Have you ever wondered why some restaurants look packed every day but in fact make meagre profits? Their revenue may be high but the costs incurred are high as well. On the other hand, some ordinary-looking businesses are able to make better profits and outlast their more popular competitors. The key is understanding what makes up your restaurant’s operation costs and how to balance them so that a minimum profit is guaranteed.  

Break even cost

An essential number in restaurant management is your break even cost: how much it takes for your business to start making a profit. While profiting is good for staying in business, breaking even is necessary for staying in business. Without knowing that magic number, how would you know how much profit your eatery is truly making?

Here’s how you calculate it.

First you need to know your restaurant’s fixed costs and variable costs. Fixed costs are costs that do not change significantly when the revenue changes, e.g. rental, labour*, utilities, accounting and professional fees. Variable costs are food and beverages, consumables like paper products and gloves, credit card charges, etc. They tend to increase with your outlet's revenue. For new F&B outlets, you will need to estimate the costs incurred in order to have an indication of how much your break even cost should be.

Your break even cost = fixed costs divided by 1 - variable costs.



Fixed costs: $50,000

Variable costs total: 36% (food 34%, credit card charges 2%)

Breakeven sales = fixed cost / (1- variable cost)

                            = $50/ 1- 0.36

                            = $78,125

*Labor and personnel expenses are considered variable costs, although the overall personnel costs can be controlled by managing the number of shifts assigned and how much overtime is approved. Small restaurants with a relatively static customer base may see very little variation in the month-to-month costs of staff, but staffing expenses at larger restaurants may vary more. Key personnel expenses – e.g. the manager's and head chef's salary – fall under the fixed costs category.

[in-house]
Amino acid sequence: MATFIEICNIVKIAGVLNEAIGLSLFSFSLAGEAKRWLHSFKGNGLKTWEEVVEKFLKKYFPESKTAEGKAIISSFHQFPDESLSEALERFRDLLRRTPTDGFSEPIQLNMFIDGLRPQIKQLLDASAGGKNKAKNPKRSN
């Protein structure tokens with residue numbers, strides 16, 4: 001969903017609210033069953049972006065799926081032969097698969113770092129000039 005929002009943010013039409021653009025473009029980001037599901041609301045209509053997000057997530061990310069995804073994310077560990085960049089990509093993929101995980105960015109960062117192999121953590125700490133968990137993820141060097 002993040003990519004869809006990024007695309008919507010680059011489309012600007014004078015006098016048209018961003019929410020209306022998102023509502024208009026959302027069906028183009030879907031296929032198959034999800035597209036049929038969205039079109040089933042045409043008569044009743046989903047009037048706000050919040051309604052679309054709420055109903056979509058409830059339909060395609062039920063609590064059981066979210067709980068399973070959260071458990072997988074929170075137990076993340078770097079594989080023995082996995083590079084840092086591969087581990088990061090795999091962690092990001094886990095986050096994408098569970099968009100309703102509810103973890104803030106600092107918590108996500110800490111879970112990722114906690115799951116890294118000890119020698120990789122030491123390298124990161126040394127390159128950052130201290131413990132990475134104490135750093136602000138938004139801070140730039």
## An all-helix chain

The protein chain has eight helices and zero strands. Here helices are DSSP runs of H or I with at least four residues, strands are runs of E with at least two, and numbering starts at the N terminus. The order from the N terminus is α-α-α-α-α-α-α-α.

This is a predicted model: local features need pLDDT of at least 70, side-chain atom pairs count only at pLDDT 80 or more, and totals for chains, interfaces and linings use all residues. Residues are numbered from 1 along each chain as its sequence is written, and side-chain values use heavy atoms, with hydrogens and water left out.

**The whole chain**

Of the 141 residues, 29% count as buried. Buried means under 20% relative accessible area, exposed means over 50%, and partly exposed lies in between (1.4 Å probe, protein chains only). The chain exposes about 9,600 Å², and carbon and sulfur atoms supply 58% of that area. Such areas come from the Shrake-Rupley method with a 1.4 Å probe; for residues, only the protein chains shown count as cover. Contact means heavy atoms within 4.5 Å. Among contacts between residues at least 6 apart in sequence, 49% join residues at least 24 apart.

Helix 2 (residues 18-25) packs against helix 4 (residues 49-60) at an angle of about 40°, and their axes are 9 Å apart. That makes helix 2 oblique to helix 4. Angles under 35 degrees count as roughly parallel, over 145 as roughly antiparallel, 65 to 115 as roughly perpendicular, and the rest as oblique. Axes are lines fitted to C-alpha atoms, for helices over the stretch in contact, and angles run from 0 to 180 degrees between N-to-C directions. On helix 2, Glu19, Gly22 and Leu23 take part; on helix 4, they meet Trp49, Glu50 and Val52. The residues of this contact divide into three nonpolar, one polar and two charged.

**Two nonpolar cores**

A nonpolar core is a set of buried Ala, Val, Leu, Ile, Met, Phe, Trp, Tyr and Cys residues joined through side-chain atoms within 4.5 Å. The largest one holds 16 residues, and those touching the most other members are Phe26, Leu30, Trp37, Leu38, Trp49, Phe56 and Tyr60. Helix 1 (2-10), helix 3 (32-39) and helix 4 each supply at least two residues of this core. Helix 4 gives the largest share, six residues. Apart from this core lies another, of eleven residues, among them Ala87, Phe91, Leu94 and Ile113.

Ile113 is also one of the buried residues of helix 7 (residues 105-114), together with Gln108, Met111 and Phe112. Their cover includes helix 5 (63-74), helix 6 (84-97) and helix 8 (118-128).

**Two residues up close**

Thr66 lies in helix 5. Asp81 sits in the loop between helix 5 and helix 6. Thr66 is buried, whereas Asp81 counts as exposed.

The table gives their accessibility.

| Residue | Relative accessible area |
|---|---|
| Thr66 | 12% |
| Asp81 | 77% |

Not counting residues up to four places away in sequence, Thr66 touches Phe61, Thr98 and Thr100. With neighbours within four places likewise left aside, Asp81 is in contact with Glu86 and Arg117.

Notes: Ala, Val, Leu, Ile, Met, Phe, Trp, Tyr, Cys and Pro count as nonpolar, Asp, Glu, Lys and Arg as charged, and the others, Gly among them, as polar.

General restaurant operating cost structure

An example of a restaurant's operational cost breakdown.

An example of a restaurant's operational cost breakdown.

How much profit your food business stands to make depends on how the operating costs are managed. Ideally, the costs can generally be split into: 


Food Cost (or *cost of goods sold): 20 - 35%

Manpower: 25 - 30%

Rent: < 20%

Profit: ≥ 15%

Other expenses (such as utilities, taxes, equipment maintenance): < 20% 

*Cost of goods sold (COGS) = Beginning inventory + Purchased inventory - Final inventory 


The percentages stated are a guideline and may vary from business to business. They have been tailored to suit Singapore’s F&B business climate and recommended by Singaporean restaurant owners. 

5 Important Principles for Operating Costs

To ensure your restaurant is profitable and sustainable, keep these adhere to these principles. 


1. Proportion rather than absolute numbers 

Seeing your costs go up is a scary thing, but this is not necessarily bad. For instance, you might see your manpower costs increase by $1000 in a month because more staff worked longer hours and feel the need to cut down on the number of staff hours. However if your overall revenue that month actually increased because of the longer operating hours, then it no longer is a problem because you can afford it and the manpower costs stay within the safe zone of 25-30%. 


2. The 3 major costs should not exceed 70% of overall revenue